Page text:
J. Veronica Xu (email@example.com) is the Chief Compliance Officer for Saber Healthcare Group, headquartered in Cleveland, Ohio, USA. Daniel Lopez (firstname.lastname@example.org) is the Ethics Advisor for Northrop Grumman in Minneapolis, Minnesota, USA.
Undoubtedly, we, as a society, are living in unparalleled times, with the pandemic, civil unrest, social injustices, and everything else showing up in our daily news. Among all this activity, diversity and inclusion (D&I)—the words we have heard quite often in recent years—are more important than ever, because we are in a world made up of diverse cultures shaped and shared by people with various experiences and backgrounds. But although it is not a new concept, there is no easy answer or solution for achieving it.
According to Merriam-Webster, diversity is defined as “the condition of having or being composed of differing elements.” In our society, people are those elements, including their race, gender, sexual orientation, religious beliefs, and countless other aspects. Inclusion, on the other hand, is about how diversity is applied to create an equitable corporate culture or fair workplace where people are treated with dignity and respect, regardless of how they are different from the majority or whether they express different professional opinions.
Here, we will discuss how D&I can be achieved in a work culture and the benefits and obstacles that may be encountered during the development and implementation phases.
Laying the groundwork of your program
The implementation process needs to start somewhere, so build on what has been acquired to date and get management’s buy-in on D&I. Buy-in is extremely important as it helps validate and support the meaning and existence of your efforts, which can reflect and connect with the company’s values and help further solidify management’s support of the D&I mission. A vice president of a large construction company once said that a D&I program was not needed because the company was welcoming to all people. I (Daniel) pointed out to him that the painted murals in the company entryway were of only Caucasian workers and asked how he would feel if he was a person of color in this environment. He then said he understood and would update some of the murals to reflect diversity as a company value.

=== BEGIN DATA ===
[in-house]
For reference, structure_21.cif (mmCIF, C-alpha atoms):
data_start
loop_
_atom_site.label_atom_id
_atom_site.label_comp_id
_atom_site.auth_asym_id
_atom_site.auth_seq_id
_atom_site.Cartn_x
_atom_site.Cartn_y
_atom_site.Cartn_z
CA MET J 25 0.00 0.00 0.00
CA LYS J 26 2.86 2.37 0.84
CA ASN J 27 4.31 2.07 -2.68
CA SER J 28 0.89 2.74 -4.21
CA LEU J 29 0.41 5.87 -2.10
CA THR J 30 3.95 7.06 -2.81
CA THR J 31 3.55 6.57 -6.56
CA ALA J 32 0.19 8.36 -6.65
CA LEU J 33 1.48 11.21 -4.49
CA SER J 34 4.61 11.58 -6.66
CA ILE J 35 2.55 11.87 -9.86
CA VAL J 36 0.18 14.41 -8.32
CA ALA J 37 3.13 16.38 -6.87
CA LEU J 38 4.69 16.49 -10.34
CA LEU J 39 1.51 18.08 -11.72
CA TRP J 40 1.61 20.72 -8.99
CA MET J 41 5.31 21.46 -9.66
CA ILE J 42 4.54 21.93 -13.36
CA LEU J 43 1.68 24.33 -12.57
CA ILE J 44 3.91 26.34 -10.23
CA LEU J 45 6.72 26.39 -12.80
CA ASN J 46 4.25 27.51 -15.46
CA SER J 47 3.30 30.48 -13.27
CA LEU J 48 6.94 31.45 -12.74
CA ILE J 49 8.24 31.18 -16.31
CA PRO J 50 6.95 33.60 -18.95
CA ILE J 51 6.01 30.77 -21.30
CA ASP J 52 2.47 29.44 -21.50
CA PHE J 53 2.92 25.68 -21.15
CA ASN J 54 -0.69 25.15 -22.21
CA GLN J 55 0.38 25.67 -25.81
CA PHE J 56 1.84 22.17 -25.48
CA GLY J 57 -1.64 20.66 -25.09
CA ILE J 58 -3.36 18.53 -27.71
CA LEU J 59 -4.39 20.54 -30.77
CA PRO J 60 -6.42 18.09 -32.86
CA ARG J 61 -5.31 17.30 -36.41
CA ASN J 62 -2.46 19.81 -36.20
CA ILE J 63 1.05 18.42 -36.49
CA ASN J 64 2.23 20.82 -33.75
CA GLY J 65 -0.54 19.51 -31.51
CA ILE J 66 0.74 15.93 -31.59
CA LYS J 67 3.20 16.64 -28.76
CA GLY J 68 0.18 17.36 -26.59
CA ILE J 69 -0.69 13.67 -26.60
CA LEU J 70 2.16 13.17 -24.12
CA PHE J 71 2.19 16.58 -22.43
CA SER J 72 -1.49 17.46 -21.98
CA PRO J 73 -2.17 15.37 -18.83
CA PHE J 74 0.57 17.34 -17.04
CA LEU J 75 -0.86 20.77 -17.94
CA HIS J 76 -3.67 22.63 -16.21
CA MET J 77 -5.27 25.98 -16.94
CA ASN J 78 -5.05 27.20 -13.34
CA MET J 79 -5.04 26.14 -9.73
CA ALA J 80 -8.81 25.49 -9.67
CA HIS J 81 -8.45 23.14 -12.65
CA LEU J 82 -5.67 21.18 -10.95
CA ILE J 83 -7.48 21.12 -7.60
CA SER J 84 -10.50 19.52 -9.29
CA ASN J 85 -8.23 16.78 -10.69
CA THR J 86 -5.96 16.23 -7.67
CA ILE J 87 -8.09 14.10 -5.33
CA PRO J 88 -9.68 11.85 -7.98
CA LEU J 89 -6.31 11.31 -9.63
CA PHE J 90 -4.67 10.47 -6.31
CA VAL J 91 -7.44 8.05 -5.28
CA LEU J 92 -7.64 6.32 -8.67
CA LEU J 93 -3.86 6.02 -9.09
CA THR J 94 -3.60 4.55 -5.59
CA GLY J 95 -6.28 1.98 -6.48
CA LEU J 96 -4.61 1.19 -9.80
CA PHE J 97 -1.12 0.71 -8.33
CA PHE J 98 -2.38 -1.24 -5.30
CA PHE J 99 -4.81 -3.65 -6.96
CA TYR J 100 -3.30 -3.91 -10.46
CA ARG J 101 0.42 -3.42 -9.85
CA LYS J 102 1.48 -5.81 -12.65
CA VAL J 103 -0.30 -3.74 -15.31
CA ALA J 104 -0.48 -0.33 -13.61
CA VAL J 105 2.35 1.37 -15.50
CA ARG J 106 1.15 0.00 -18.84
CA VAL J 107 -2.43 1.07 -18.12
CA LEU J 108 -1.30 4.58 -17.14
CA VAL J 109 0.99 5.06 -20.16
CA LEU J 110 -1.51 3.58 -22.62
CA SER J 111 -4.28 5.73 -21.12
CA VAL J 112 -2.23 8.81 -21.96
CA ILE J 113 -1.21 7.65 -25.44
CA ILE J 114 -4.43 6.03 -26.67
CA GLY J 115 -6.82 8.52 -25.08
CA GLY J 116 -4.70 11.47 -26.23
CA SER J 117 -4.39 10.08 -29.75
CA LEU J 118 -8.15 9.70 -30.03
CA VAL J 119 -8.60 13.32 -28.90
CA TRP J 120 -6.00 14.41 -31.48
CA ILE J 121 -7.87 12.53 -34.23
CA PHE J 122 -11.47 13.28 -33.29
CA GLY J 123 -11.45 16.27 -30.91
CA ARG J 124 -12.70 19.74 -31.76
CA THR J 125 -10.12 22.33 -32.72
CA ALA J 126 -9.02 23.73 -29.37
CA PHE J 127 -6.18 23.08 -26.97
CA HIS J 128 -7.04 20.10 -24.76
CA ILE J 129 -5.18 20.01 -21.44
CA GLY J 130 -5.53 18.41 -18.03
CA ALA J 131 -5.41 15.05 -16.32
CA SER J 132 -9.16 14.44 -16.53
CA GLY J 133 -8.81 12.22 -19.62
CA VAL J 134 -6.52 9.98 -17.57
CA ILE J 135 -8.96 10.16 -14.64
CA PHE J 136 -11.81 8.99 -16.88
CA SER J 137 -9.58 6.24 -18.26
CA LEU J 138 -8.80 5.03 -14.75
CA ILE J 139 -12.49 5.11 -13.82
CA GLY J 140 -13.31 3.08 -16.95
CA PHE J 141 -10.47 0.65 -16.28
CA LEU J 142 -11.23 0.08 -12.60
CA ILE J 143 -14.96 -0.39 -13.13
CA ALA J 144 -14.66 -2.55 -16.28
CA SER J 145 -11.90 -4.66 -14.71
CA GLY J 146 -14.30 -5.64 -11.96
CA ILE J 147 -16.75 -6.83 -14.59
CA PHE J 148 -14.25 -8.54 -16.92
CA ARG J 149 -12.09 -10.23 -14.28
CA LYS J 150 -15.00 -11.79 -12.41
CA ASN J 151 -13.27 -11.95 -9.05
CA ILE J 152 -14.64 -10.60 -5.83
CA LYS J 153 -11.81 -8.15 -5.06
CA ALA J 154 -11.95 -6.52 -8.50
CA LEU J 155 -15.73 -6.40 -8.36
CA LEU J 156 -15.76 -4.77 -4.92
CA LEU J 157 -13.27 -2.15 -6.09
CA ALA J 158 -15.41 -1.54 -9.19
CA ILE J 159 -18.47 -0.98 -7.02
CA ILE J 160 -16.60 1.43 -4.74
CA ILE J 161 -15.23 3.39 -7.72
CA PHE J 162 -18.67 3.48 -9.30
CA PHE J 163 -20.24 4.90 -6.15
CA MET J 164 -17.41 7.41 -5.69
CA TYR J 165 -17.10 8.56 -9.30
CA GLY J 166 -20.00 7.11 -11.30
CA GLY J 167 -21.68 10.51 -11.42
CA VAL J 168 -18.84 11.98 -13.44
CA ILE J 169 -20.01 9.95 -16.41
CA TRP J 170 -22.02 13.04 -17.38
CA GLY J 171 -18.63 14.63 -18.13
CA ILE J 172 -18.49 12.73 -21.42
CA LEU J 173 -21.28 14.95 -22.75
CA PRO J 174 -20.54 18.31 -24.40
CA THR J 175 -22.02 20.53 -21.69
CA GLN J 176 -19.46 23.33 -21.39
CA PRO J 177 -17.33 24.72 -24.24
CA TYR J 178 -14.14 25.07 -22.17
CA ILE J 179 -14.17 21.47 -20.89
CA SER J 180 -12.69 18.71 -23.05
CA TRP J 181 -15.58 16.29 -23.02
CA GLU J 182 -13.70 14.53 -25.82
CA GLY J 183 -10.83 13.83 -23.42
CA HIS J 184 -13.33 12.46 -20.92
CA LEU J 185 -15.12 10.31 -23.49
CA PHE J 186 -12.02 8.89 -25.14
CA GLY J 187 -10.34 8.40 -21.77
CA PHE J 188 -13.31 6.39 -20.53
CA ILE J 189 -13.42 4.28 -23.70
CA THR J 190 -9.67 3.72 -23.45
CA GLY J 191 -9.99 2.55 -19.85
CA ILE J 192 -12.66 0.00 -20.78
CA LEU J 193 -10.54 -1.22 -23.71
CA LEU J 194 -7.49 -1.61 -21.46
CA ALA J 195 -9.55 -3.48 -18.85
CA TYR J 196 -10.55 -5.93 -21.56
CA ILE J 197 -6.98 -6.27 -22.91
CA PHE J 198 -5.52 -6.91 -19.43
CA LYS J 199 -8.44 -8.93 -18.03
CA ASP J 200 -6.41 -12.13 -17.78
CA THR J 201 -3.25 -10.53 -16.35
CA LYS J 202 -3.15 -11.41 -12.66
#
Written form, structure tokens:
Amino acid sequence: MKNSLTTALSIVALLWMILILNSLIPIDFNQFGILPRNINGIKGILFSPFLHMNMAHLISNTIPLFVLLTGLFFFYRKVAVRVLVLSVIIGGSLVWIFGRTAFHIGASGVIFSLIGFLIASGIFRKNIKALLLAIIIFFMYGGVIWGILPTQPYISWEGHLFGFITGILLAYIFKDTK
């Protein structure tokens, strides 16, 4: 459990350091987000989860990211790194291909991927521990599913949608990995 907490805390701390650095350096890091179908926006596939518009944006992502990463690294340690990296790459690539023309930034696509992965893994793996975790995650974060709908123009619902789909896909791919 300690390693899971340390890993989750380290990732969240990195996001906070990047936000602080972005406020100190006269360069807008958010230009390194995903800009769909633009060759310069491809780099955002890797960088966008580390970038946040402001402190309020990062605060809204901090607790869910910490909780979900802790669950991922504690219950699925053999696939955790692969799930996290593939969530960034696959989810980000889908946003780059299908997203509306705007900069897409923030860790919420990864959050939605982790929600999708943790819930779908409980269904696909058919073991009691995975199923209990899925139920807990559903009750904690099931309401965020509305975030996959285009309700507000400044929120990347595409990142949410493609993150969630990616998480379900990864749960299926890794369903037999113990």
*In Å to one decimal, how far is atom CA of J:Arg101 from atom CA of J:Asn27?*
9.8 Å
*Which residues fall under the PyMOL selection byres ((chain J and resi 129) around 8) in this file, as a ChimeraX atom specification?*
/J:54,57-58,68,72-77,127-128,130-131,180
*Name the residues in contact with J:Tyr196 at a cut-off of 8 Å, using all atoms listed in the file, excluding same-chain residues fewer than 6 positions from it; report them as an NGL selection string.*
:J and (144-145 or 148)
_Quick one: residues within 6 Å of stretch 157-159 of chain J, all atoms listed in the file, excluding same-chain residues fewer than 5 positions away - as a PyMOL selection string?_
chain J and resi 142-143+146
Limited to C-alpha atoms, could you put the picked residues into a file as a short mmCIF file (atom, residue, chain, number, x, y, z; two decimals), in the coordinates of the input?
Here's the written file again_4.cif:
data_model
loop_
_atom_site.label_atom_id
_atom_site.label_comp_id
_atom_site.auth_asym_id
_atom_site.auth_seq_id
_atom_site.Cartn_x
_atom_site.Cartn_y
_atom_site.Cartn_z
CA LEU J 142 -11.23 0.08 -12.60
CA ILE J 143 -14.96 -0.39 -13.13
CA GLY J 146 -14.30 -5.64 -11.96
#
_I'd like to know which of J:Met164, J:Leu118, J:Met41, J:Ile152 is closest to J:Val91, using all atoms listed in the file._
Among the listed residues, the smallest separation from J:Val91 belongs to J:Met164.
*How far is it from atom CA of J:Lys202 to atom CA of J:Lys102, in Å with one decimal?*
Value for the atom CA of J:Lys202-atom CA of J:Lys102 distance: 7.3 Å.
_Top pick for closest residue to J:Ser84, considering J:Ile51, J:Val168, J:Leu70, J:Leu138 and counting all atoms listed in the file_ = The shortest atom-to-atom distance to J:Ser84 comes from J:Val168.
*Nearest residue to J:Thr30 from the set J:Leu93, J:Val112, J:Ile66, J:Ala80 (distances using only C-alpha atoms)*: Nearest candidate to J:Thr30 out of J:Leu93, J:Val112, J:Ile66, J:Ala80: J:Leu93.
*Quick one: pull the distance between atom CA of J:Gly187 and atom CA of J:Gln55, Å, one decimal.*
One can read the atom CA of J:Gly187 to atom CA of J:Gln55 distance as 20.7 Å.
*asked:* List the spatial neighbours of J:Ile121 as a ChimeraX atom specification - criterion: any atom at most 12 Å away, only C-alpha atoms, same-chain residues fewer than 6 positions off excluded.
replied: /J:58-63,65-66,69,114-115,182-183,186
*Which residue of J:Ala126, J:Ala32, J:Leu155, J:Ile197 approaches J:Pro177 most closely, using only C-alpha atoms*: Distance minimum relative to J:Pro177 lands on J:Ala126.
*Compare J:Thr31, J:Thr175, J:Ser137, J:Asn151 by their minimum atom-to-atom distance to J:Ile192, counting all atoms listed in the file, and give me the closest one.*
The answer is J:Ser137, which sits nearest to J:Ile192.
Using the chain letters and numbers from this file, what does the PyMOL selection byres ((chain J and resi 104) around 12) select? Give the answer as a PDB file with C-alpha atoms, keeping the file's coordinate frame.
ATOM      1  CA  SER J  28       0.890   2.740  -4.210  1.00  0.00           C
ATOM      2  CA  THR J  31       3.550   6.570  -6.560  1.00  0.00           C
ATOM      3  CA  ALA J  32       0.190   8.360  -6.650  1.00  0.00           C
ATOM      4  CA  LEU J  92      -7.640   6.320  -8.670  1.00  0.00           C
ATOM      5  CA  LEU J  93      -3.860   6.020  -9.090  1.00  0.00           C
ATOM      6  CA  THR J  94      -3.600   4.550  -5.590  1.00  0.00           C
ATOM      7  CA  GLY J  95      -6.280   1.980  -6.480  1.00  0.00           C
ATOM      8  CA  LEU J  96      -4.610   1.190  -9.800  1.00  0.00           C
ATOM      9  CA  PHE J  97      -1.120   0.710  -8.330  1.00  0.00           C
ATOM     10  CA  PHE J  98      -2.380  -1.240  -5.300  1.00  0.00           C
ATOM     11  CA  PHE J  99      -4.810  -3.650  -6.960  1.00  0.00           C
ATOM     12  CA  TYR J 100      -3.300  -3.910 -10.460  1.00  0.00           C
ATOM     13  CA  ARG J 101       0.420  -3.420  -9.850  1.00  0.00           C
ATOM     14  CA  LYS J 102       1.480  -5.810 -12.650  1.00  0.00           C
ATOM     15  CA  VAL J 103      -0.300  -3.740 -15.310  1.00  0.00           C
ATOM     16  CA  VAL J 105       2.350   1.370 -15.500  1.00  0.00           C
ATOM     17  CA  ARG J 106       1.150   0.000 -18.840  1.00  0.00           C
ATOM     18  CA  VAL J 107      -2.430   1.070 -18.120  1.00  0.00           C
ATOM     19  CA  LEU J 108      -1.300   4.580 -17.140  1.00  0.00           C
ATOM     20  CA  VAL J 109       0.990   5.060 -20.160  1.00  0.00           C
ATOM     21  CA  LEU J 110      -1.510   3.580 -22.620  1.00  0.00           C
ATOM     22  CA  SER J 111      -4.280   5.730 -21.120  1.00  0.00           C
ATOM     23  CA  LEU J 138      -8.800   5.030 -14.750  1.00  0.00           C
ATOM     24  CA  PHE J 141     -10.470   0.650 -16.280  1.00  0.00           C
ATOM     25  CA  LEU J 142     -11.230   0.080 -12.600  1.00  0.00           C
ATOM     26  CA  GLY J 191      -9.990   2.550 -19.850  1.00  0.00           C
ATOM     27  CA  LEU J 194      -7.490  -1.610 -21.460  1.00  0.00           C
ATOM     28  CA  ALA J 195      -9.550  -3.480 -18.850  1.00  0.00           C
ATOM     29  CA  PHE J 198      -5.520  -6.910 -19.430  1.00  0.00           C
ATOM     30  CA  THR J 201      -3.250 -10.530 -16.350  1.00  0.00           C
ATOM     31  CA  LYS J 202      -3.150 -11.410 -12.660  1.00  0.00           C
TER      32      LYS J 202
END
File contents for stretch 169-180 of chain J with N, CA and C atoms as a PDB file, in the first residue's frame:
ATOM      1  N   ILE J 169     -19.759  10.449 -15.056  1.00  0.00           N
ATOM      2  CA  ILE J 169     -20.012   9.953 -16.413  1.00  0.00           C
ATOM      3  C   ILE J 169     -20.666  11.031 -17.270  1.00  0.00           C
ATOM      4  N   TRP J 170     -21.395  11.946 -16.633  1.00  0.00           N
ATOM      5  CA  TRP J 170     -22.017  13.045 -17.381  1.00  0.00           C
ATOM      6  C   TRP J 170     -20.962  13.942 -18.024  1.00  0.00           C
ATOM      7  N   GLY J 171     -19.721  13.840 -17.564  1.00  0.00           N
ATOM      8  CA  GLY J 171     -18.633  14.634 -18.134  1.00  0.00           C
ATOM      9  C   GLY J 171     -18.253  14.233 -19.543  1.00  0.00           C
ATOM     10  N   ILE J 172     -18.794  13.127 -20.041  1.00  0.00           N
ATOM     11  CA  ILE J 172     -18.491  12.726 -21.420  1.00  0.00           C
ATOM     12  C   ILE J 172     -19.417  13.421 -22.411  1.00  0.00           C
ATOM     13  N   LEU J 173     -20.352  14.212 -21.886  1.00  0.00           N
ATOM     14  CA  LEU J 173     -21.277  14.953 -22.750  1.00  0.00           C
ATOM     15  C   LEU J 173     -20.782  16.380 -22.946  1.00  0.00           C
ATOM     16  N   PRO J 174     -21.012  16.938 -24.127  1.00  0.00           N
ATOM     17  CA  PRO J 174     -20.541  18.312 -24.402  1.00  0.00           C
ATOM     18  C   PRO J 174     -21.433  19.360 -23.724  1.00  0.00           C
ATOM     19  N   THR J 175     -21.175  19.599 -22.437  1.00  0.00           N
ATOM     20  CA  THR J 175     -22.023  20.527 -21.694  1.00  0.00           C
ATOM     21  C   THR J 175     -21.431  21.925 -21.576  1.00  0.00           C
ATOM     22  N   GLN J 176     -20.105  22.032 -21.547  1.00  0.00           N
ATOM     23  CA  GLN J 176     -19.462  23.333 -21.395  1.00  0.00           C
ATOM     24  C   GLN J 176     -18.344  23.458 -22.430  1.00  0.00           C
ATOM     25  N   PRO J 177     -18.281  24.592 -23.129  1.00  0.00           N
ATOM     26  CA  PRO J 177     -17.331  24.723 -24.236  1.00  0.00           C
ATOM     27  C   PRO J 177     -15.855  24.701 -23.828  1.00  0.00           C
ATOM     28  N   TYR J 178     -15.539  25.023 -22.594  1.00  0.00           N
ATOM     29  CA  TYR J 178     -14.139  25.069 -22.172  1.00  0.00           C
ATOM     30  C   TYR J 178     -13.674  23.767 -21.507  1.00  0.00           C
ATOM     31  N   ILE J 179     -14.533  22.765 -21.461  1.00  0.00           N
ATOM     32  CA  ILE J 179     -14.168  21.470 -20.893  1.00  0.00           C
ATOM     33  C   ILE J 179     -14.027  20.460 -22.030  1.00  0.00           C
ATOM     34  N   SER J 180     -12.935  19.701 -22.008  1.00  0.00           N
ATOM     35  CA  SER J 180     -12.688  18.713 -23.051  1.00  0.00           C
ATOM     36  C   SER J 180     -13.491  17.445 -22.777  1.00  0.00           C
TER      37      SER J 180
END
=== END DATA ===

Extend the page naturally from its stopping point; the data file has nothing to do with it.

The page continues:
Another important action to help further D&I in your workplace is to foster an inclusive culture and healthy work environment where everyone feels safe, respected, and valued. An inclusive and safe environment does not mean that everyone must agree with each other; everyone’s experiences, cultures, and values are different, so it is unwise and impossible to mandate that everyone think or act in the same way. Rather, a healthy work environment is a place where everyone is allowed to speak and share their opinions on projects without the fear of feeling belittled and disregarded, or being reprimanded for making good faith comments on work-related matters. Although it can be practically impossible to put into action every opinion and suggestion, we can at least let employees know their voices are heard. The ultimate goal is to create a sense of belonging in a professional setting so everyone can enjoy their work. As an American politician once said, “We can disagree with each other without being disagreeable.” To take this one step further, employees should also be encouraged to inquire and understand the reasons behind someone’s opinion or suggestion, which can help the team think more critically and see aspects of an issue that were previously overlooked and effectively avoid misunderstandings and delays in decision-making.
This is about how people collaborate and accept the differences among them. A workplace consists of many people with many views, but accomplishing a task and doing a good job are common goals, so encourage employees to build trust and collaboration, despite all the differences they have, to achieve more and go further.